Parents can now apply for free £150 school uniform grant

A one-off school uniform discount is now open across the country for thousands of parents to apply for.

The School Uniform Grant is a government scheme which could give qualifying households as much as £150 per child ahead of the new academic year.

Applications are now open for the discount which is offered by the Government to help families on low incomes manage their budgets, as part of the Education Act 1980.

In Scotland, the benefit is compulsory and local authorities are obligated to pay qualifying families at least £100 per child.

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But in England, it's not a statutory right and many councils have been forced to scrap or reduce it in recent years due to funding rows.

In the past two years, the Mirror reports dozens of councils have withdrawn from the scheme – with many stating they no longer have the budget for it.

This includes Stockton, Cornwall, Cambridgeshire and Northumberland, while other areas such as Nottinghamshire now only pay it to children with special educational needs.

In Merseyside, Knowsley Council no longer offers the School Uniform Grant.

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We contacted Liverpool, Sefton and Wirral councils for more information.

Despite the cuts, it's always worth checking your local authority to see if you qualify.

Right now, residents in Gloucestershire can apply for up to £25 off, while those in Islington, London, can claim up to £150 off.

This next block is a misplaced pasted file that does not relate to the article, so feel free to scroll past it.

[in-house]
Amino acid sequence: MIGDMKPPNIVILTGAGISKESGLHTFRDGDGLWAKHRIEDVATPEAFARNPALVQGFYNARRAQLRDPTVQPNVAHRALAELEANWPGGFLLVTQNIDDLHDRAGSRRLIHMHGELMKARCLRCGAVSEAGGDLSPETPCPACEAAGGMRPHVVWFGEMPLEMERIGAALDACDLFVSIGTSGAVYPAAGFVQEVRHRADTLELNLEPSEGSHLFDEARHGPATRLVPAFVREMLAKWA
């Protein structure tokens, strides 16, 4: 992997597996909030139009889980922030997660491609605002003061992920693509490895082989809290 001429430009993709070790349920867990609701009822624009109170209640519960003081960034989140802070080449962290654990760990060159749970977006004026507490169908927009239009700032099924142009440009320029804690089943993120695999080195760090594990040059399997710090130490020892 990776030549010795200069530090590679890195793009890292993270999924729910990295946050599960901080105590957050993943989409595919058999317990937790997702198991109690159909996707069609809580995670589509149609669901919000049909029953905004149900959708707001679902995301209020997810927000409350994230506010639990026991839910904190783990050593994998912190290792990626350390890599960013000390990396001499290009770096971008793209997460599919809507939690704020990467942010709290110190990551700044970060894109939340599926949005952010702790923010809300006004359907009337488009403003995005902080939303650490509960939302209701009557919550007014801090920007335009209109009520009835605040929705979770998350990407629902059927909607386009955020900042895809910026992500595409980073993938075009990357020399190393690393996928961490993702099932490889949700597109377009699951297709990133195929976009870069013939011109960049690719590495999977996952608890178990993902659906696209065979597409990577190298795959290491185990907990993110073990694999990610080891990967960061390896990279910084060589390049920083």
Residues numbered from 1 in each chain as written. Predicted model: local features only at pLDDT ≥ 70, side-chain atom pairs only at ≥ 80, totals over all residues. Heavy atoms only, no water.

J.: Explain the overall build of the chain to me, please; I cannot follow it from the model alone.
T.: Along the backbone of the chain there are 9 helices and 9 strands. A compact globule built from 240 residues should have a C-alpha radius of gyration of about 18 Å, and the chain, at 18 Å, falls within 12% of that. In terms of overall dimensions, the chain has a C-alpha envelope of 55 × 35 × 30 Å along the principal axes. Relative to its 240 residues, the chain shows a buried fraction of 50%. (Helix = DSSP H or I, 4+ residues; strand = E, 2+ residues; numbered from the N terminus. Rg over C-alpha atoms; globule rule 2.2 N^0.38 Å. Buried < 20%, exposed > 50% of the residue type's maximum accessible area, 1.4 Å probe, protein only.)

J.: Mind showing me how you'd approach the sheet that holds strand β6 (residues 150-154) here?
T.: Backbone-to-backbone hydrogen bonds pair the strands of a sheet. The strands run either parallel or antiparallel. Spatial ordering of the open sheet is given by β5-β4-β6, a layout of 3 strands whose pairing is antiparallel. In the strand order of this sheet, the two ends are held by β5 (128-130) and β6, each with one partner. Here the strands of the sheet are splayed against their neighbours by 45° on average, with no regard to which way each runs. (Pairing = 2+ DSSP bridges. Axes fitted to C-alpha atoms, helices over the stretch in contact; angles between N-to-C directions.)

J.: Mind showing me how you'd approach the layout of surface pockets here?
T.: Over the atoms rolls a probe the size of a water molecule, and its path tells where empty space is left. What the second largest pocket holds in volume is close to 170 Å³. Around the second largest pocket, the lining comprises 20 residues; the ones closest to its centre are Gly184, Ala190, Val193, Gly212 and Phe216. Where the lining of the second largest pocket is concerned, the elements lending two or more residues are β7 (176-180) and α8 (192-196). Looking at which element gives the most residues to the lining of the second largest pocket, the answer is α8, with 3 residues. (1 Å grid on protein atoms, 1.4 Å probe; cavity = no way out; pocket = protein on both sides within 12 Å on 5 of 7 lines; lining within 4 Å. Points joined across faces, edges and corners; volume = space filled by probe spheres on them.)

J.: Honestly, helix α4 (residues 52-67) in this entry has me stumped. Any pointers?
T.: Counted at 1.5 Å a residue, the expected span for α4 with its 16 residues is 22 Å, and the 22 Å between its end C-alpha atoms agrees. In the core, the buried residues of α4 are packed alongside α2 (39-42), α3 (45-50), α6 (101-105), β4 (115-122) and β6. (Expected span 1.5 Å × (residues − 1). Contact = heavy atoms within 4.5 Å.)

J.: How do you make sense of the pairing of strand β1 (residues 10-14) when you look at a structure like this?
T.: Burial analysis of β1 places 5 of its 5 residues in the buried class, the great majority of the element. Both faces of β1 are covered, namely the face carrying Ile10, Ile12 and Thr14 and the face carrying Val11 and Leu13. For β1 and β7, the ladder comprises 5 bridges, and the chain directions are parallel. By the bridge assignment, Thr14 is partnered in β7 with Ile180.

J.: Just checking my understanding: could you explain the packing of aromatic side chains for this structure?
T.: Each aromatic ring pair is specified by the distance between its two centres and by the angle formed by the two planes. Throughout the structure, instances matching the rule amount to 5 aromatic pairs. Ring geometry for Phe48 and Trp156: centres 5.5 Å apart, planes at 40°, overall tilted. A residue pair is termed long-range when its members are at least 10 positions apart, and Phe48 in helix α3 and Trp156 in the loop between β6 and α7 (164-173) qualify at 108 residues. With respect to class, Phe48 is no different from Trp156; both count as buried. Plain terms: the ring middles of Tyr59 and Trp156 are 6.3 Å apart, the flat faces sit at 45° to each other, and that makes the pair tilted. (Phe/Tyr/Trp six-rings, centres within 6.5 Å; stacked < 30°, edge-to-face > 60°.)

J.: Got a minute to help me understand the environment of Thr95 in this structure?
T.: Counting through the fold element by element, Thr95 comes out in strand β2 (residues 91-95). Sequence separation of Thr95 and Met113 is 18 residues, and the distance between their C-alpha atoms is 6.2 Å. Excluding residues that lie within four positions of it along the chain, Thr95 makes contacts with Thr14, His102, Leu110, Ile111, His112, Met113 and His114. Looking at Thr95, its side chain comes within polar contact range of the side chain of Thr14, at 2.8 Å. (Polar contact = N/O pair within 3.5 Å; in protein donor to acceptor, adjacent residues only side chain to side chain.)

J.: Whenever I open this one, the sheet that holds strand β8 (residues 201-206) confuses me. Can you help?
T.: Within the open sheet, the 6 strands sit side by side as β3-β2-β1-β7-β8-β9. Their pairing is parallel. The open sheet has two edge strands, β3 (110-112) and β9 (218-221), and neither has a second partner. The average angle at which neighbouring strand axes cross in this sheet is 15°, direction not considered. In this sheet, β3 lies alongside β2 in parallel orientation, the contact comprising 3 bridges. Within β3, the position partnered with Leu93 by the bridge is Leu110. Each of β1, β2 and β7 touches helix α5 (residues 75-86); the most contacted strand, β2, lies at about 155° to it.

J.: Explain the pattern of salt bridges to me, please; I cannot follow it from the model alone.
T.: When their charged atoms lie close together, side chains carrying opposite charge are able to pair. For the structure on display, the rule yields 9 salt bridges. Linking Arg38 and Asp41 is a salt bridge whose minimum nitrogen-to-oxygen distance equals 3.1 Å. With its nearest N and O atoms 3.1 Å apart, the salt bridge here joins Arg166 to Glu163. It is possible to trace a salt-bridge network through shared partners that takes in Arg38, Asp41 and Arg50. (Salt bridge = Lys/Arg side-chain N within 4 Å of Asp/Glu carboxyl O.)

If you don't, the Department for Education says parents may be able to apply for a reduction from their child's school, instead.

"Our guidance emphasises that schools should give highest priority to cost considerations," a spokeswoman told Mirror Money.

"No school uniform should be so expensive as to leave pupils or their families feeling unable to apply to, or attend a school of their choice due to the cost of the uniform."

How to apply for the school uniform grant

If you're on a low income and claim one of the benefits below, you can now apply for the scheme if your local authority offers it.

Applications typically open in July, when mums, dads and guardians can submit their forms online.

To be eligible, you have to be earning less than £16,190 a year.

To find out if your council offers it, enter your postcode into the Gov.uk page for school uniform support page here.

Once you've located your authority, you'll also be directed to other types of support you might qualify for around education and learning such as travel relief, free school meals and help with childcare.

Who qualifies for help?

The Education Act stipulates "local authorities must make provision for the clothing of pupils that would otherwise be unable to afford schoolwear" – but it's not compulsory in England.

The amount you can claim depends on your local council's budget, however as a general rule, grants are available for people on a range of benefits including job seeker's allowance, income-related employment or support under the national asylum seekers support system (Nass).

You can also apply if your annual income is less than £16,190.